An Updated Typhoon Model for China

February 25, 2019

Blog post illustration

China's economy has developed dramatically in recent years, and this has been reflected in a spectacular burst of construction. In response, the insurance market in China has grown rapidly. Significant exposure growth in residential and commercial lines has been observed, as well as a sharp rise in industry infrastructure and other property lines. Meanwhile, several catastrophic typhoons have made landfall in China and caused major insured losses.

Benefiting from a wealth of new data from recent events and the latest research, AIR’s Typhoon Model for China has been updated. The release includes new historical events, changes to hazard intensity and vulnerability functions, as well as support for additional structures such as industry facilities. All of these will be discussed in forthcoming blogs, and in this post we’ll focus on historical events.

More and Better Data

In this update, AIR researchers have used more historical events and more data to validate each component and the entire model. We added eight new typhoon events into our existing historical catalog (Table 1 and Figure 1). For each of these historical events our researchers studied numerous data sources and created the event with hazard attributes for the catalog.

Let’s take Typhoon Fitow as an example. Fitow made landfall at Fuding City, Fujian Province, on October 7, 2013, and caused combined insured losses of around USD 1 billion for China and Japan according to various reports. It was one of the costliest events in the history of Chinese insurance . Fitow delivered tremendous precipitation hundreds of kilometers away in Zhejiang Province, but all agencies stopped publishing observed tracks soon after its landfall. To properly model this event, our researchers traced and extended the track of Fitow to better capture its destructive precipitation, which was enhanced by that from Typhoon Danas a few days later.

Table 1. Historical events in the updated China typhoon historical catalog. (Source: AIR)
Existing Events New Events
Event Year Event Year
Wanda 1956 Haikui 2012
Nina 1975 Usagi 2013
Winnie 1999 Fitow 2013
Rananim 2004 Rammasun 2014
Haitang 2005 Chan-Hom 2015
Bilis 2006 Soudelor 2015
Saomai 2006 Mujigae 2015
Hagupit 2008 Meranti 2016
Morakot 2009    
Figure 1a
Figure 1b
Figure 1. Tracks of the model’s existing historical events (left) and newly added historical events (right). (Source: AIR)

For this update, we collected exposure data from companies representing 60-70% of China premium and observed insured loss for these historical events. We trended AIR’s industry exposure database (IED) to the end of 2016 and developed a new take-up rate to derive an insured IED. The new information provided the basis for our model validation from both the industry and company perspectives.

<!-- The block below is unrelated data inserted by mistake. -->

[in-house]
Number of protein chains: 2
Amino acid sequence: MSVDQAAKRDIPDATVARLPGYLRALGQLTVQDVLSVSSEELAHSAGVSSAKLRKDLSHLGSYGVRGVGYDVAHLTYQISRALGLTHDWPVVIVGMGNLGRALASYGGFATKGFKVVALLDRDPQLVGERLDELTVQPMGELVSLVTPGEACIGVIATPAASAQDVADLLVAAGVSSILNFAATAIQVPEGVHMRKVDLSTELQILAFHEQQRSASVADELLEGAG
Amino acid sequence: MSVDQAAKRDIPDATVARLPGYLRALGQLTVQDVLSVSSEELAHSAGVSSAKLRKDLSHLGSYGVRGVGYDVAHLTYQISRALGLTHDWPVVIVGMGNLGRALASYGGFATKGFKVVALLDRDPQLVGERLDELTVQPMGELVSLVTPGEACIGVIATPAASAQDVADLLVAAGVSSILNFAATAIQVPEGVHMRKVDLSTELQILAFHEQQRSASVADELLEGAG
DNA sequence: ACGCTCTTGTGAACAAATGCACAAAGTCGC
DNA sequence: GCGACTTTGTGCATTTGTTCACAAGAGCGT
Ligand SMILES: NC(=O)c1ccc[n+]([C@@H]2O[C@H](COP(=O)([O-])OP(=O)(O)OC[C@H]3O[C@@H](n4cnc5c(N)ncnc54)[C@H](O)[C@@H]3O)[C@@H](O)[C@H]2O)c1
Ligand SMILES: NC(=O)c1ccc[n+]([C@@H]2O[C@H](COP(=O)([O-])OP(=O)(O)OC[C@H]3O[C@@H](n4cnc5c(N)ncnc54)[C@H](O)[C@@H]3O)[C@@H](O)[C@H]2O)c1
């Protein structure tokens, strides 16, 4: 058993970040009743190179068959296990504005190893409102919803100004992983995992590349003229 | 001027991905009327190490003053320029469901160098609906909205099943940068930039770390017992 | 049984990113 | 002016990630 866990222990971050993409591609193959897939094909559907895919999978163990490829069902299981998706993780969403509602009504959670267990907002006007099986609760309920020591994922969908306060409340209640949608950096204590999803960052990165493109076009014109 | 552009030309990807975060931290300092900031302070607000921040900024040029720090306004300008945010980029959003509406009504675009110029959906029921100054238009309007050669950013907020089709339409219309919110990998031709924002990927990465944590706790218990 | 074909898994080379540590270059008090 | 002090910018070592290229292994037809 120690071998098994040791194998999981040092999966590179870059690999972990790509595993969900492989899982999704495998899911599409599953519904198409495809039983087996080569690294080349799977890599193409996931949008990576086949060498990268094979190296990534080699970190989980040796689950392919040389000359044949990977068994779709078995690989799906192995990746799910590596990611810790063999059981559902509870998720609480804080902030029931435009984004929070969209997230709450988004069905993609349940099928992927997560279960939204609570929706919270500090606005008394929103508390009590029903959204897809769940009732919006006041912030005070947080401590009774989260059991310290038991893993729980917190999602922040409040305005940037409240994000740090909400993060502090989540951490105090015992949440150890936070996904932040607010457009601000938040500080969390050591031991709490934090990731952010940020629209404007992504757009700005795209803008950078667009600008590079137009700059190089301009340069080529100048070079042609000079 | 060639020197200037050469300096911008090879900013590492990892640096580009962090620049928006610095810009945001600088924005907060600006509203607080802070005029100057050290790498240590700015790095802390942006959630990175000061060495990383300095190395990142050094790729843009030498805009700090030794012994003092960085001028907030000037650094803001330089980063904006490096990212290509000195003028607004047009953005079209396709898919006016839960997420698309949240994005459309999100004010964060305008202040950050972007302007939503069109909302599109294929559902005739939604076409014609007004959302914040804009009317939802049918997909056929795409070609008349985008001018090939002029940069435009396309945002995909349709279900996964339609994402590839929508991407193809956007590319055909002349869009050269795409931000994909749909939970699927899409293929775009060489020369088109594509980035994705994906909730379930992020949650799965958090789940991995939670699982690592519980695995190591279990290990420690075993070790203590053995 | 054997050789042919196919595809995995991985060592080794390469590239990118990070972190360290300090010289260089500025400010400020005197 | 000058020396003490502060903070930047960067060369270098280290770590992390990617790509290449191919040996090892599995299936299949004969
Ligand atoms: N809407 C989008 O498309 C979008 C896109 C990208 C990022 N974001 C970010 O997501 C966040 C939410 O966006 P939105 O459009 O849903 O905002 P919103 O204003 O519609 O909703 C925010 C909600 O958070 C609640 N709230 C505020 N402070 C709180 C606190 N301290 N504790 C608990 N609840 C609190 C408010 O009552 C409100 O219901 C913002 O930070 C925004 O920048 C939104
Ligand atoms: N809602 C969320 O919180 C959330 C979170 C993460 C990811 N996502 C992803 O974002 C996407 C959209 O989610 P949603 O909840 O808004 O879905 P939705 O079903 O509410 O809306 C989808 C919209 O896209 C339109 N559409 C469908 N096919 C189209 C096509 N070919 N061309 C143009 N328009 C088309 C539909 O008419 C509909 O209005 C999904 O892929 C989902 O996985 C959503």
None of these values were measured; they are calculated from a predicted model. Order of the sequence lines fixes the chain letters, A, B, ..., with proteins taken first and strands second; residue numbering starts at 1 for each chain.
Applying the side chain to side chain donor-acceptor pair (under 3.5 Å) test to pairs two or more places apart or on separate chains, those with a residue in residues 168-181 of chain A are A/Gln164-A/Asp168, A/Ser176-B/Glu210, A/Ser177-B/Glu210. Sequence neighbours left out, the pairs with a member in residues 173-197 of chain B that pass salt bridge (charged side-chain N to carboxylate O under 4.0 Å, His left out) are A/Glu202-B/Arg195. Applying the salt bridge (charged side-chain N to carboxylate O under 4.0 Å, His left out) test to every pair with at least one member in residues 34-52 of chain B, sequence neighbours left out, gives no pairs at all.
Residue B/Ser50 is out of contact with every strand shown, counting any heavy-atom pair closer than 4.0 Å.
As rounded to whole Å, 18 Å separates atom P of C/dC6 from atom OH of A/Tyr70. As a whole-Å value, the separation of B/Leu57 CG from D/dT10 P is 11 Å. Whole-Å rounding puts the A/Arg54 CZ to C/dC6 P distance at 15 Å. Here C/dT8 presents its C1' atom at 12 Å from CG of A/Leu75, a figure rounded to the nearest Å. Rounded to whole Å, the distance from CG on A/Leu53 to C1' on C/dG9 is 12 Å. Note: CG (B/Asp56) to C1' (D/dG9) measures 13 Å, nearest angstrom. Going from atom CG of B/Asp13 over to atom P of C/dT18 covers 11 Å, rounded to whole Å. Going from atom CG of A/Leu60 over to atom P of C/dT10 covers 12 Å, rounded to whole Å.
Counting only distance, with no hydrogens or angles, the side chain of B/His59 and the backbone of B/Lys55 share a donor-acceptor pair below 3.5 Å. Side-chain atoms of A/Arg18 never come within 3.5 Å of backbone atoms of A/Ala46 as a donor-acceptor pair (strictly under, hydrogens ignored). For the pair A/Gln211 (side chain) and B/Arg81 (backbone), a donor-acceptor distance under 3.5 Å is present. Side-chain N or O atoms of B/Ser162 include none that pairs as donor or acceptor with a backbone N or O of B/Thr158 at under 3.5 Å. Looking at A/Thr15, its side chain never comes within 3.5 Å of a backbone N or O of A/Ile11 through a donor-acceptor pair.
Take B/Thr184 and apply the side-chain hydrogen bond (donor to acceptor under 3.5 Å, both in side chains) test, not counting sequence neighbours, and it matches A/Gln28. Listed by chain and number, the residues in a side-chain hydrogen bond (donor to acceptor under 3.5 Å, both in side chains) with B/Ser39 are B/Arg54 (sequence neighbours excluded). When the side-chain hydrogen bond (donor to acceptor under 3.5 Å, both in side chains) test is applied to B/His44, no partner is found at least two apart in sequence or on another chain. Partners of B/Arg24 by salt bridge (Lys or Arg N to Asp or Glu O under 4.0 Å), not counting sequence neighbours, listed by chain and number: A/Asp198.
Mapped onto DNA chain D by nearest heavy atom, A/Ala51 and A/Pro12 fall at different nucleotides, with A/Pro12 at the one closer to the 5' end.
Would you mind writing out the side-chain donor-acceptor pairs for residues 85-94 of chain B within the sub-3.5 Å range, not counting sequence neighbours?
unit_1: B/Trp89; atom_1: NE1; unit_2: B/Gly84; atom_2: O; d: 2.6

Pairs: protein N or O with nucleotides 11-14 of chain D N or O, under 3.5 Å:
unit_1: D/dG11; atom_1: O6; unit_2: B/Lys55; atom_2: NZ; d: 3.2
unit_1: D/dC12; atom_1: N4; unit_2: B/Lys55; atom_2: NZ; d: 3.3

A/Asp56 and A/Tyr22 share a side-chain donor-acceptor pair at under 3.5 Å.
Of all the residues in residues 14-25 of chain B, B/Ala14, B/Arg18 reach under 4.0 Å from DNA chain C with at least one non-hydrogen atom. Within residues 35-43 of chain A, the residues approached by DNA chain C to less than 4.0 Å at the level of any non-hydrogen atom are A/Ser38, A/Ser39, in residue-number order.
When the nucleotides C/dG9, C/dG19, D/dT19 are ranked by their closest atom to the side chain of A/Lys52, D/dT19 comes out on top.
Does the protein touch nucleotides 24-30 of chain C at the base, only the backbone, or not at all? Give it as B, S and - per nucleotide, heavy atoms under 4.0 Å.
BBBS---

After validating simulated and observed wind speeds at landfall we calibrated the model output against observed historical event losses and their return periods. During this process, it was important to clean reported losses to exclude losses from non-modeled lines, such as life, agriculture, and auto because only residential, commercial, industrial, and engineering are modeled lines in the AIR IED for the China typhoon model. Trending observed losses was also important to ensure that the loss generated in the model corresponded with exposures. Figure 2 is a summary of company combined modeled and observed events loss comparison.

Figure 1a
Figure 2. Company combined event loss comparison. (Source: AIR)

We are aware that every company has its own daily practices and that there are significant differences in risk selection, underwriting, protection, and claim processes. Although the AIR model is calibrated and validated by industrial and selected companies’ exposures/losses (such as shown in Figure 2), the updated model may still produce modeled loss that is different from actual loss for a specific portfolio. It is recommended that you run the model with your book of business and evaluate the model results for historical events so that model outputs appropriately capture your risk.


Read the blog “3 Reasons Why Precipitation Is the Biggest Danger from Typhoons in China” for more on China typhoon risk


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